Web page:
BREMERTON, Wash. –
A team of innovators from Puget Sound Naval Shipyard & Intermediate Maintenance Facility designed and built two handheld ultraviolet-C LED disinfecting prototype devices that are currently being tested to determine how effective they are at killing COVID-19 on surfaces.
According to Branden Doyle, the nuclear innovation program manager with Code 2301, Nuclear Project Engineering, PSNS & IMF learned about UVC light as a potential sanitizing solution to combat the COVID-19 pandemic from a white paper written by Naval Nuclear Laboratories that outlined the potential of the technology. The PSNS & IMF innovation team partnered with other technical organizations and joined the Naval Coronavirus Rapid Response Team, referred to as NCR2T, to pursue possible solutions to killing COVID-19.
“PSNS & IMF joined with NAVSEA 05 (Naval Systems Engineering Directorate), the Naval Research Laboratory, the Naval Nuclear Laboratory, Naval Undersea Warfare Center-Newport, Naval Surface Warfare Center-Dahlgren and Naval Surface Warfare Center-Port Hueneme, among others, to find solutions to effectively kill the virus SARS-CoV-2,” said Doyle. “NCR2T is developing recommendations for fleet-wide solutions to combat the COVID-19 pandemic, and the PSNS & IMF Handheld UVC LED Disinfector may be one of those solutions. A direct collaboration with NUWCNewport was formed to work together on future iterations of the PSNS & IMF handheld unit, which includes far-UVC (222nm) excimer lamp solutions.”
Doyle said the team decided to build LED-based devices because commercial UVC surface sanitizing devices generally use mercury bulbs, which cannot be taken into all areas of a naval vessel.
“The commercially available devices that NCR2T evaluated were not appropriate for naval use,” said Doyle. “PSNS & IMF had the engineering talent in-house to design and build an LED-based solution, so we took on the challenge. Since designing and building this product, one other commercial LED solution has been identified and tested, but its power output is significantly less than that of the PSNS & IMF unit.”
While PSNS & IMF currently has enough parts to build 10 more handheld units, the team is awaiting feedback from the ongoing testing of the two prototypes before building any more.
“One unit went to San Diego to support the USS Abraham Lincoln (CVN 72) Planned Incremental Availability, and was used to sanitize surfaces on a job with a high risk of viral transmission. The device was used as a back-up sanitization method while awaiting results from efficacy testing at NSWC Dahlgren,” Doyle said. “The second unit was shipped to NRL and Dahlgren for further validation and testing, to determine if it will be used as a fleet-wide solution.”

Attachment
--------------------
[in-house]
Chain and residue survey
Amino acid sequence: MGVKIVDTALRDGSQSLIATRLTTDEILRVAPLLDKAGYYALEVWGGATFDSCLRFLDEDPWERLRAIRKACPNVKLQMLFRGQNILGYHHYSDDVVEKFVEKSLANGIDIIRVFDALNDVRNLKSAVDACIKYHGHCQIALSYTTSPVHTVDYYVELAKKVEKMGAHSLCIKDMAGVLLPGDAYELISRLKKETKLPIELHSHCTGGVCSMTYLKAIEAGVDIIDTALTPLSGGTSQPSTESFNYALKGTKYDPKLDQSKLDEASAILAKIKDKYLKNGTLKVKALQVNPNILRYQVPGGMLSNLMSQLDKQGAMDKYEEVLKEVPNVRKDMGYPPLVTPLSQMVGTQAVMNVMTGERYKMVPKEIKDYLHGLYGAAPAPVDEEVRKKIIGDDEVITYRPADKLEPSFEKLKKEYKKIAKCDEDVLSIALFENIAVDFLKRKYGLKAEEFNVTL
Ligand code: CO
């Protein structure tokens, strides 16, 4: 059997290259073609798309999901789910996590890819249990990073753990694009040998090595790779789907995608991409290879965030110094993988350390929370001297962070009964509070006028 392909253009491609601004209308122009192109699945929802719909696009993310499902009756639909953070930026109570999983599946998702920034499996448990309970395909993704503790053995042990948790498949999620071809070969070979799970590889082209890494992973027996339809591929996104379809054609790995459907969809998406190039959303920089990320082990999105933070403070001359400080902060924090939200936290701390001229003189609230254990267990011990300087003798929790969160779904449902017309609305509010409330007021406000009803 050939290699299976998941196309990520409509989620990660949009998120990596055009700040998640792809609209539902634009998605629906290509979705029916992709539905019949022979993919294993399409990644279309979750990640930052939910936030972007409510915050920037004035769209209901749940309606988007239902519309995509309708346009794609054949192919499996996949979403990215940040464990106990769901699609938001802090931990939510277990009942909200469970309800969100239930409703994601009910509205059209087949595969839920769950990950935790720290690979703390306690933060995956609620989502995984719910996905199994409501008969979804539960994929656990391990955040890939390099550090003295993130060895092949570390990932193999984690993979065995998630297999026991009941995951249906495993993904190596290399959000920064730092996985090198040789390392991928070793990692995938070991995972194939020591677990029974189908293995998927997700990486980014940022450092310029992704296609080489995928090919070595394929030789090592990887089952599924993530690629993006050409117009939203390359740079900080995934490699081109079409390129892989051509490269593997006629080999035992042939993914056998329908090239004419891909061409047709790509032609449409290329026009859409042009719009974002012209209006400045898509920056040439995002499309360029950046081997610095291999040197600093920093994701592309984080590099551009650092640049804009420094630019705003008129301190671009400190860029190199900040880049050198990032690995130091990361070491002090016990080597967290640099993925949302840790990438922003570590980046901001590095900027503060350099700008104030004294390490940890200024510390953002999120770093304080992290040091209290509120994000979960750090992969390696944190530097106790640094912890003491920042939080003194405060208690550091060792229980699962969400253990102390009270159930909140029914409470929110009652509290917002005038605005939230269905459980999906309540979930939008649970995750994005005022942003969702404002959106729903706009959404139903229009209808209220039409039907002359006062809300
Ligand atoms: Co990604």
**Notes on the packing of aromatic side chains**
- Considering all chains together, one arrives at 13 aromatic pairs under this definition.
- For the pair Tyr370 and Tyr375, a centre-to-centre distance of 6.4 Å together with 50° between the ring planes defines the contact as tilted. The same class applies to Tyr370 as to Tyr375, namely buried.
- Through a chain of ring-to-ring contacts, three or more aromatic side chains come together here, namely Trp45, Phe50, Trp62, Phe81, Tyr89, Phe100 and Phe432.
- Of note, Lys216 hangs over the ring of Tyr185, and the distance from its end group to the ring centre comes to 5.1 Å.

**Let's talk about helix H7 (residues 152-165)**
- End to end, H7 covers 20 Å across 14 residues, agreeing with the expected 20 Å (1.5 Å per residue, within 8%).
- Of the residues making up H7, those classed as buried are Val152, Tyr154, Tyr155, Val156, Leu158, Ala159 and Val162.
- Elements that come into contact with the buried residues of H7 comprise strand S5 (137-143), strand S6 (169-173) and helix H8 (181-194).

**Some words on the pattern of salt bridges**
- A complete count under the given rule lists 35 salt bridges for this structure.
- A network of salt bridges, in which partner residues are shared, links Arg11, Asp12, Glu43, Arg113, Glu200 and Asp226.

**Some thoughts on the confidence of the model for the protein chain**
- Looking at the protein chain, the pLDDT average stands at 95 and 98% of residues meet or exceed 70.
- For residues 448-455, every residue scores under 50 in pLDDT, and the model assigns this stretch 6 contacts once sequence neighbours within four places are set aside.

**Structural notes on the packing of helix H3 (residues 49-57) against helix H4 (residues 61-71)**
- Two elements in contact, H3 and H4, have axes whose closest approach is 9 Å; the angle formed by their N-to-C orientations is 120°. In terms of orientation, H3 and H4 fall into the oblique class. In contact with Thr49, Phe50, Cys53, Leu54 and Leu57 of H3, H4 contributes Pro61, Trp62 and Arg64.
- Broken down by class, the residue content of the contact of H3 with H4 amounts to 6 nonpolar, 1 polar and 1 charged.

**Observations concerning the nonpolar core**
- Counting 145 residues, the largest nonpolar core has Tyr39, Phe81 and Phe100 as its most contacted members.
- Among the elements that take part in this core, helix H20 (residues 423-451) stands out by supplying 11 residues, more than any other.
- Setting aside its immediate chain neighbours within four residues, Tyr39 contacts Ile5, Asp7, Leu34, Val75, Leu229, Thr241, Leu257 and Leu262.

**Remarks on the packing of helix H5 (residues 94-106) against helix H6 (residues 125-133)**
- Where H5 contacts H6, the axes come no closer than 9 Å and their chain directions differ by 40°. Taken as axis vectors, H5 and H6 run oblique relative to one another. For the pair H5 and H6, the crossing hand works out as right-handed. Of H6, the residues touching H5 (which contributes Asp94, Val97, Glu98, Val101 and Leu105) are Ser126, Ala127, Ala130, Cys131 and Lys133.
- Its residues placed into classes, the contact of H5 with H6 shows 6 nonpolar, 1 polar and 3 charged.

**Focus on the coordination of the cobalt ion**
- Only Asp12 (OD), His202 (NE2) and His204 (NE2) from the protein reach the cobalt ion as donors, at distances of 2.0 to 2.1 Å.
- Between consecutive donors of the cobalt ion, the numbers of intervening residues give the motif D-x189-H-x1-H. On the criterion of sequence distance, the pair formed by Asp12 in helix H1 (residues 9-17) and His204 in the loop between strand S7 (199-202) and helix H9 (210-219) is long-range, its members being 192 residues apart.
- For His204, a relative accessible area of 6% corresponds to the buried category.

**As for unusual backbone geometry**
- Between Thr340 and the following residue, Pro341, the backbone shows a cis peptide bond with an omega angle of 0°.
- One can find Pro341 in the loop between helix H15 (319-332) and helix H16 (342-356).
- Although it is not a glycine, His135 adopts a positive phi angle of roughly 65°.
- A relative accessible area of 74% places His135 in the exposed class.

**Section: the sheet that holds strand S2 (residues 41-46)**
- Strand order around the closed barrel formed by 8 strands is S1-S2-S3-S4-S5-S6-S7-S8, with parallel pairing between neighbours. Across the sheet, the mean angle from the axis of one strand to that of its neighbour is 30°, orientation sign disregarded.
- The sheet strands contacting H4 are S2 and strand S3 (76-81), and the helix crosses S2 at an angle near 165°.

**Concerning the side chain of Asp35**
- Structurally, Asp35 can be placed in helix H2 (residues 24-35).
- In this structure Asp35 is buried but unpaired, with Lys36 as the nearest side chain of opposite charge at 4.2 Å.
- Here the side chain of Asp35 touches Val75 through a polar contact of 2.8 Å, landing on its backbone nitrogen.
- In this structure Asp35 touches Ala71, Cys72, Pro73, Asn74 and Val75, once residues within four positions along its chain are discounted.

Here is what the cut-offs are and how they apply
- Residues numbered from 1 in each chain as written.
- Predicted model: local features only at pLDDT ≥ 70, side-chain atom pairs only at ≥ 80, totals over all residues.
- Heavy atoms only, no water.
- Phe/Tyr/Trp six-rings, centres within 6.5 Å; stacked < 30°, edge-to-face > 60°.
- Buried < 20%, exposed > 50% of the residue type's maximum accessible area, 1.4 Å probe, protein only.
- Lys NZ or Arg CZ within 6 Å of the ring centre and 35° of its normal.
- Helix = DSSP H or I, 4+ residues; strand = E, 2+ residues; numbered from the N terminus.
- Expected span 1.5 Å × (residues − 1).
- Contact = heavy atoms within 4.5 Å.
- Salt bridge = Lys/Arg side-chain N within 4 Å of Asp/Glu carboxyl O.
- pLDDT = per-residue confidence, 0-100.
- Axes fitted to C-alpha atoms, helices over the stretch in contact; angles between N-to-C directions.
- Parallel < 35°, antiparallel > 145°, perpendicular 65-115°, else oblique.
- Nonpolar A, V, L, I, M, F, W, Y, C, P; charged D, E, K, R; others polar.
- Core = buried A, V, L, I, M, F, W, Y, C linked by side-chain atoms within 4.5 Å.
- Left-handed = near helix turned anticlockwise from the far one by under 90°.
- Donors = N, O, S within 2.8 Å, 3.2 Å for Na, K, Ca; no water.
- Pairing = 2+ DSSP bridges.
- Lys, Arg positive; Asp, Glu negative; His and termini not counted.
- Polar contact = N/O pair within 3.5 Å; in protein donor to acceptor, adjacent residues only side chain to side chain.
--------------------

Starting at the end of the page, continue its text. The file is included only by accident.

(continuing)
The PSNS & IMF Innovation Team is currently making some slight design changes to allow for easy mass production, and further increasing power output.
“After proving our final design and validating all efficacy data, the PSNS & IMF Innovation Team will seek a transition partner for mass production of the device, if the Navy decides production increase is warranted,” said Doyle. “This could be a private company producing units based on our Navy intellectual property on a contract basis, or could be an organization within the Navy that has the skillset and resources to mass-produce a product of this complexity. If the production remained at PSNS & IMF, additional resources would need to be designated to support that production.”
Branden Doyle led the UV product development team, which included mechanical and design lead Chris Doyle, Code 2310, Reactor Engineering; electrical lead Wilson Davenport, Code 290, Combat Systems Engineering; and others from Nuclear Engineering, Radiological Controls and Technology Insertion groups.
Support organizations such as Code 109, Information Technology; Code 106, Environmental Safety and Health; and Code 400, Contracting, also contributed team members, who proved to be pivotal in meeting scheduled dates and maintaining some agility in the development process, Doyle said.
“The entire team was filled with talent, curiosity, and a drive to produce something that will make a difference. Chris and Wilson showed incredible dedication to this project, and their ability to design, build, and iterate quickly allowed us to be successful,” said Doyle. The command’s efforts to help protect the workforce from the COVID-19 pandemic have helped PSNS & IMF embrace rapid innovation solutions and problem solving.
“In order to accomplish rapid design and prototyping of this new product, the team needed space, tools and specific equipment,” said Doyle. “This project gave birth to the PSNS & IMF Innovation Lab, which can act collaboratively as a self-service alternative to the Moonshine Lab.”
Although the space used to build UVC handheld disinfecting units was temporary, the command is determining a permanent location to house this capability. The PSNS & IMF Innovation Lab is growing to include equipment to perform computer design and analysis, 3D printing, electrical prototyping, light fabrication and machining, and all varieties of hand tools to perform measurement, analysis and prototype building. Large work surfaces and storage space will be available for assembling projects of various size and complexity.
“This project provides another example of how PSNS & IMF has a lot of untapped resources in our people, who, when given the opportunity, can truly shine and accomplish big things,” Doyle said. “Allowing employees to step up and try new or challenging things can lead to unexpected results and positively influence the way we do business as a shipyard.”